With more than a thousand First Nations evacuees waiting out wildfires in hotels in Manitoba and many more forced out of their homes in other parts of the country, coping with the uncertainty means recognizing Indigenous expertise — both in trauma counselling and in firefighting, an Indigenous psychiatrist says.
Dr. Nel Wieman, acting deputy chief medical officer for the First Nations Health Authority in B.C., said First Nations evacuees need more than just their basic needs met — a trauma-informed approach is key. And that means trying to understand where each evacuee is coming from, especially when they’ve had past traumatic experiences or have been forced out of their community more than once.
Rather than becoming numb to the evacuation process, some people who’ve had their homes repeatedly threatened by wildfire will feel compounded emotional distress, "like a wound that never heals," Wieman said.
"Uncertainty and loss of control are probably the two biggest factors that play into emotional distress," she said. "The way that people who are working with evacuees can mitigate that situation is by maintaining constant, clear, factual communication."
"Someone’s evacuated and they’re worried about, ‘Is my home still there? Is my community still there?’ And then they get processed in an evacuation centre and put in a hotel room and then nobody talks to them for a day or two. That would be incredibly stressful, that wouldn’t be helpful, so maintaining that communication, I think, is really key," she added.
Wieman, a ’60s Scoop survivor and member of Little Grand Rapids First Nation, has been hearing from chiefs in B.C., where thousands have been evacuated and the province has declared a state of emergency. Some have told her their members heard racist comments at evacuation centres, and she said many Canadians still misunderstand or underestimate the importance of ancestral land in Indigenous spirituality, particularly when a First Nations community is repeatedly put under evacuation orders for fires or floods.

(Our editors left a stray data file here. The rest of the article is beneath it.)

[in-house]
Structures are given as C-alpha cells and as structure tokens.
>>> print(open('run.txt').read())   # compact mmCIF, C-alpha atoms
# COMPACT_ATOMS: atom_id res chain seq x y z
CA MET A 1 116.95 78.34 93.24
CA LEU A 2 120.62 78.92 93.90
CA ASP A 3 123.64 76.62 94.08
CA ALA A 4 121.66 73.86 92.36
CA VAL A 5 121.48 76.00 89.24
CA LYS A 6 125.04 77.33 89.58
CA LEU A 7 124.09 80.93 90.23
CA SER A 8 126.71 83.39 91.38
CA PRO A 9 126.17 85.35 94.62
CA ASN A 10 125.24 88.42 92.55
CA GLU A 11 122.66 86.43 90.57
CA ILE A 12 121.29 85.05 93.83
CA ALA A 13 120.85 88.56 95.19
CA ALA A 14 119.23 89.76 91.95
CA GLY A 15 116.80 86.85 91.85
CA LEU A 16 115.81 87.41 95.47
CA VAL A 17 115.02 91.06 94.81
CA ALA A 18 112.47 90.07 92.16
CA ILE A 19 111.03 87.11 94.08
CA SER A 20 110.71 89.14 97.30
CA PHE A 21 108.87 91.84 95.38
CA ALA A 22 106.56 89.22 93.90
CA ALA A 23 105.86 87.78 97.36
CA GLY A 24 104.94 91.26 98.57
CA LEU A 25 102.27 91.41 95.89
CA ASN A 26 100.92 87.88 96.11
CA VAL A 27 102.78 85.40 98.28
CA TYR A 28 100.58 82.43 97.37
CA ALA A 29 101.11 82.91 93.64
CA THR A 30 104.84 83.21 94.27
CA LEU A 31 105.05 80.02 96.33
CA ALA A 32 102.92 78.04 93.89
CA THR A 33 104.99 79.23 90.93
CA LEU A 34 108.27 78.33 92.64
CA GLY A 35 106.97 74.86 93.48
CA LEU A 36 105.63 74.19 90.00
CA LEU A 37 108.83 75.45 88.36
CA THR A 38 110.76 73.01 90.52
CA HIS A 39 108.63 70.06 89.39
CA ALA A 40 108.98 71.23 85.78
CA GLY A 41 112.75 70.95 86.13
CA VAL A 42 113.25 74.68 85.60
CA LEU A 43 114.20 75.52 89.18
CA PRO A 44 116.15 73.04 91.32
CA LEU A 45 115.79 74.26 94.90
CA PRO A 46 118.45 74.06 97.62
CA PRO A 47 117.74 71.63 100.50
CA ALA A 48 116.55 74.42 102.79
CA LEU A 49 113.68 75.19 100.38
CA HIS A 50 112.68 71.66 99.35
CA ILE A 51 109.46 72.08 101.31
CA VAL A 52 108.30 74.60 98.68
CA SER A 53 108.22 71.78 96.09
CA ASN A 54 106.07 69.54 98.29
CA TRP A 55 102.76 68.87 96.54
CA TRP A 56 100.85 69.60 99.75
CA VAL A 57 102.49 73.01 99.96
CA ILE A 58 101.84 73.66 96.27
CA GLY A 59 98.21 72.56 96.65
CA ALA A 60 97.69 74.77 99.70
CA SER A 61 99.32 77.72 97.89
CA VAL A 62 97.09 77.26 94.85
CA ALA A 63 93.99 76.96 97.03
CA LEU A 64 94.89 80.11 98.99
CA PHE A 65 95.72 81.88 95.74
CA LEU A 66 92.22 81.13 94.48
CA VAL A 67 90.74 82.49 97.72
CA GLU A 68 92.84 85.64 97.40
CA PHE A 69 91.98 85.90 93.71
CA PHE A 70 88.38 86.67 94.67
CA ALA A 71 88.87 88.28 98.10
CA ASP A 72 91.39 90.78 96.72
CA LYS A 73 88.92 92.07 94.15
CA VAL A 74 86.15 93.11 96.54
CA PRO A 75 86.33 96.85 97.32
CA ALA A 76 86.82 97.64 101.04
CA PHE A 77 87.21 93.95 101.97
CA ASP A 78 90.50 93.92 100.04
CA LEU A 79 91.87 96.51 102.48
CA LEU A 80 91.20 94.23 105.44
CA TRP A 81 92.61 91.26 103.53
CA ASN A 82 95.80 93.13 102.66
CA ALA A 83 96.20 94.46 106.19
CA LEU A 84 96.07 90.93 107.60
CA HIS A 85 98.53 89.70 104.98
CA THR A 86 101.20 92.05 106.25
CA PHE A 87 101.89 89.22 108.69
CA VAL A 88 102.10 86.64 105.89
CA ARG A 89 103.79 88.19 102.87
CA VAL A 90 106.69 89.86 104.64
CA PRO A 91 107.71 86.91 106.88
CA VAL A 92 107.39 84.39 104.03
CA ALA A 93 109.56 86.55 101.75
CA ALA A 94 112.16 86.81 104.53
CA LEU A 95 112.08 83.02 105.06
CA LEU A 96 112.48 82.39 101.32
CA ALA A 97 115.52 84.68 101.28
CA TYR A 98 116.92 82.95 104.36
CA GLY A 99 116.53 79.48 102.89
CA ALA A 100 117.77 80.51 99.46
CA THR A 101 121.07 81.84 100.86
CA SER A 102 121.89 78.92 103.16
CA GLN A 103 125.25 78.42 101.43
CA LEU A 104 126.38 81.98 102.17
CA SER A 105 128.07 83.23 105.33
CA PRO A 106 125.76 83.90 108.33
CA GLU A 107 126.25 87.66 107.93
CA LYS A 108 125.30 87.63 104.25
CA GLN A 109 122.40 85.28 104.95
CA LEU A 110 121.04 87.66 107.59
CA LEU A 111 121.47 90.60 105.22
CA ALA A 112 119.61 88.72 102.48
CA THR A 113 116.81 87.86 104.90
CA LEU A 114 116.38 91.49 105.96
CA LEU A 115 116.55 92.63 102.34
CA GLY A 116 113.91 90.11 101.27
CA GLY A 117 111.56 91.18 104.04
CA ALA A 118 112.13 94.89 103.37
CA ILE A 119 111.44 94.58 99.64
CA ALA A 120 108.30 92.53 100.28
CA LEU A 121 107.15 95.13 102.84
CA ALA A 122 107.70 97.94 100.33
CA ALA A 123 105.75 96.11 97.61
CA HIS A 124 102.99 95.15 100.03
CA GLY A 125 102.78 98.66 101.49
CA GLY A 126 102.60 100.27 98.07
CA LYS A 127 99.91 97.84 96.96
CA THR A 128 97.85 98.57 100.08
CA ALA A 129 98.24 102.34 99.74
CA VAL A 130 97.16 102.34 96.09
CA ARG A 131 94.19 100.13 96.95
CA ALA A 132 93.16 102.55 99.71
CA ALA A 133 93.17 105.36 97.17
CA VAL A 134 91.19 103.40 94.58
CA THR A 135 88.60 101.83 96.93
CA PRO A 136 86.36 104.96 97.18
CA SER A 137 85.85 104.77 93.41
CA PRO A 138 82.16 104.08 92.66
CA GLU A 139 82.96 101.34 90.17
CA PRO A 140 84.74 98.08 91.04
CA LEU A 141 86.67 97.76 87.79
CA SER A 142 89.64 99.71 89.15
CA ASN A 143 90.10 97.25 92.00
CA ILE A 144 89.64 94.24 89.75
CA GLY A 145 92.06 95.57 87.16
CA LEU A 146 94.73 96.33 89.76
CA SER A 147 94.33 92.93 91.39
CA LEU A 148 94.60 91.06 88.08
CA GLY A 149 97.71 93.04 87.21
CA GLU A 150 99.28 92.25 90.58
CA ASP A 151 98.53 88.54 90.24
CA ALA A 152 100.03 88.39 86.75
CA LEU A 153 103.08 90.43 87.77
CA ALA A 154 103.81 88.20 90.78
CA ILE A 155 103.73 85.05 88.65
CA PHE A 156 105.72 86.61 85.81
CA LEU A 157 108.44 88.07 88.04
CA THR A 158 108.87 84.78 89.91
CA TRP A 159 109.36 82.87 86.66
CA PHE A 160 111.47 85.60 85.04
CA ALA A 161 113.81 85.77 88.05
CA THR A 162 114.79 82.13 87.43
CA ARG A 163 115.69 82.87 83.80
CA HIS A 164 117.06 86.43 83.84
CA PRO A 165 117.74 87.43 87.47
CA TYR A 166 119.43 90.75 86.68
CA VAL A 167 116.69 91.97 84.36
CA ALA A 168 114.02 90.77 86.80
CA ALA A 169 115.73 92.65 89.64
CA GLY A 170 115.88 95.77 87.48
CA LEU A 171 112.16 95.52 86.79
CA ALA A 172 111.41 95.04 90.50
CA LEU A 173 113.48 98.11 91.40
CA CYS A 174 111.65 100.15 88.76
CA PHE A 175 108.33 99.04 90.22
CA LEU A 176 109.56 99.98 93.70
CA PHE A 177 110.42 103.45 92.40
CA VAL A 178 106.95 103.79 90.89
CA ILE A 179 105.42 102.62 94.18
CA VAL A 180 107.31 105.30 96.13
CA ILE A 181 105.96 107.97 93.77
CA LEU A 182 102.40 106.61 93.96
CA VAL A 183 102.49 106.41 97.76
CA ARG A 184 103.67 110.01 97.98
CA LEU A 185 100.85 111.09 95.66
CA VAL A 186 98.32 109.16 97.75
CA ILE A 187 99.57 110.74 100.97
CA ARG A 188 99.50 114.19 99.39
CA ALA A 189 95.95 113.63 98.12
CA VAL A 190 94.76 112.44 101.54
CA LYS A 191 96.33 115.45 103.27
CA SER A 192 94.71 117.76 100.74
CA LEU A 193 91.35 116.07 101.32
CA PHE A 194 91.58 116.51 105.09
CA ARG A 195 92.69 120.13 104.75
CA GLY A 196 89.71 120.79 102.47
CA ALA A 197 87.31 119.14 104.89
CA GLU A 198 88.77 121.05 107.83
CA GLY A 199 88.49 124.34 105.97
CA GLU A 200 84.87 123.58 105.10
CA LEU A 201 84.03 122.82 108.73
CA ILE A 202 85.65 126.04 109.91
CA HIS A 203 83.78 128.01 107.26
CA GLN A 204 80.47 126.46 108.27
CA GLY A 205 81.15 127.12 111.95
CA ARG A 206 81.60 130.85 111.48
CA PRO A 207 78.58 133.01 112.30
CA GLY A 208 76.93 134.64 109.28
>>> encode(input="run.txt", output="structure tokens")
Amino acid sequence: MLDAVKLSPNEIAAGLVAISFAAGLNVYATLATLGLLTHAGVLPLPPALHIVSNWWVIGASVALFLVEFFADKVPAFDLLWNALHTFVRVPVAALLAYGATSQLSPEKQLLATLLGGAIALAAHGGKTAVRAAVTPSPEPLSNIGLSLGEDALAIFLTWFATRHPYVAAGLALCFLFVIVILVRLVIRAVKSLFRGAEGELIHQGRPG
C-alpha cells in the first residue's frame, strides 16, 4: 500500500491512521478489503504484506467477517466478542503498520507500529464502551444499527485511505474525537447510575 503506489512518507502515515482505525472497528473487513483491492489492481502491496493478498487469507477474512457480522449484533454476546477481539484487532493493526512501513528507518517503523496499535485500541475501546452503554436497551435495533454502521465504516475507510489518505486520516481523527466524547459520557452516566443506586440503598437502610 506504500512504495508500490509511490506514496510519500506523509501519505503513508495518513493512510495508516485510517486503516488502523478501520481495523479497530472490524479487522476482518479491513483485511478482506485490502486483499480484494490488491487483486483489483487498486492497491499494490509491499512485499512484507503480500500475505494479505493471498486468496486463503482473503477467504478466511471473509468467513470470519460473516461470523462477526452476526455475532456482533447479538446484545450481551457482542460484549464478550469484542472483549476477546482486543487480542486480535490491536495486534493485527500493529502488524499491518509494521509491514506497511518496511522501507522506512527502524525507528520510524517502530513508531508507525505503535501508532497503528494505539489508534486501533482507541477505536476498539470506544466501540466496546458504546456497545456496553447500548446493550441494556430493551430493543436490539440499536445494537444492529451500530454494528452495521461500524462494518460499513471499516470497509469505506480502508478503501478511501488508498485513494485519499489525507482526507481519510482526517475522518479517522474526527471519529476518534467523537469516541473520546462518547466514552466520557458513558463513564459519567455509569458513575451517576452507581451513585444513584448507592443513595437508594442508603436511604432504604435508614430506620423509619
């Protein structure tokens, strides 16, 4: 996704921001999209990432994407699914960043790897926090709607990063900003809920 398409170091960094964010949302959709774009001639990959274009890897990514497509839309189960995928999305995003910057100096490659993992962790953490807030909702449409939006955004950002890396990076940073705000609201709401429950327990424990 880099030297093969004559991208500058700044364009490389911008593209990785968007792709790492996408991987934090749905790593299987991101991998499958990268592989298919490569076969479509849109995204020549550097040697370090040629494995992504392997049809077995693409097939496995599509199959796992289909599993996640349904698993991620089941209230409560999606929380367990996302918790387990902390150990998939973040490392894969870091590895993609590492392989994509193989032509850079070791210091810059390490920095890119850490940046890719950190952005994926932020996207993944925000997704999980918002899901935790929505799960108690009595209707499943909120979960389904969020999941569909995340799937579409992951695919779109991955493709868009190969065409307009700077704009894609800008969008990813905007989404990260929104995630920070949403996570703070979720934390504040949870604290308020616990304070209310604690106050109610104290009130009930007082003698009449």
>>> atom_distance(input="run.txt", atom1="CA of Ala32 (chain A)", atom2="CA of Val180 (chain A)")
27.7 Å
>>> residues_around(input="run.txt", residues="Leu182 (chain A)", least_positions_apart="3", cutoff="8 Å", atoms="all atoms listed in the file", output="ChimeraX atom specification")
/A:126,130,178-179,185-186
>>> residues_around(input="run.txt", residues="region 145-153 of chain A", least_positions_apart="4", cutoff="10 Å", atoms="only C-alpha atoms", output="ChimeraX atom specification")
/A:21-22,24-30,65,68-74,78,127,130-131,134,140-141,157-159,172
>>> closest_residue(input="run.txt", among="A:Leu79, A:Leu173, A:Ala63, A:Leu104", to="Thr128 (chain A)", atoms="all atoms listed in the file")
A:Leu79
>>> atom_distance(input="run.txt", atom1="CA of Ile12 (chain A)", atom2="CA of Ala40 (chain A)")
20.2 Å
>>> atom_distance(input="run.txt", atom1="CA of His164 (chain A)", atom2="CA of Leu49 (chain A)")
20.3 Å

"You hear that sort of discourse around, well why don’t people just move?" she said.
"They have ancestral ties to certain areas, and that’s the land that they have been caring for, for generations upon generations."
Governments could do more to draw on Indigenous knowledge when considering how to control or prevent wildfire, and to make sure First Nations evacuees are still getting access to elders, knowledge-keepers and traditional ceremonies along with the standard mental-health counselling, Wieman said.
"The responsibility, I think, really lies with organizations that provide assistance to engage in increasing the cultural safety of their services. And that’s starting to happen."
Four First Nations have been evacuated in Manitoba: Little Grand Rapids, Pauingassi, Berens River and Bloodvein, and members of the military have arrived for emergency help. More than 1,000 evacuees are staying in hotels in Winnipeg and Brandon until further notice.
There were 139 active fires burning in Manitoba Sunday, according to the latest update from the Manitoba Wildfire Service.
Lightning strikes sparked 11 new fires since Saturday, most in northern Manitoba, as crews continue to battle extremely dry conditions, said Don Hallett, assistant director of the provincial wildfire service.
"If there’s any glimmer of hope from the new fires that started yesterday and into today, they all have been in areas where we are already currently fighting fire, so we had resources readily available and near."
No homes or buildings have been reported damaged due to the fires.
In addition to firefighters from Nova Scotia, air tanker equipment is being brought in from the Northwest Territories and an additional waterbomber is set to come from Quebec. Burn bans and travel restrictions are still in effect in several areas of the province. (More information and maps here: https://www.gov.mb.ca/conservation_fire/Restrictions/index.html)
Katie May reports on courts, crime and justice for the Free Press.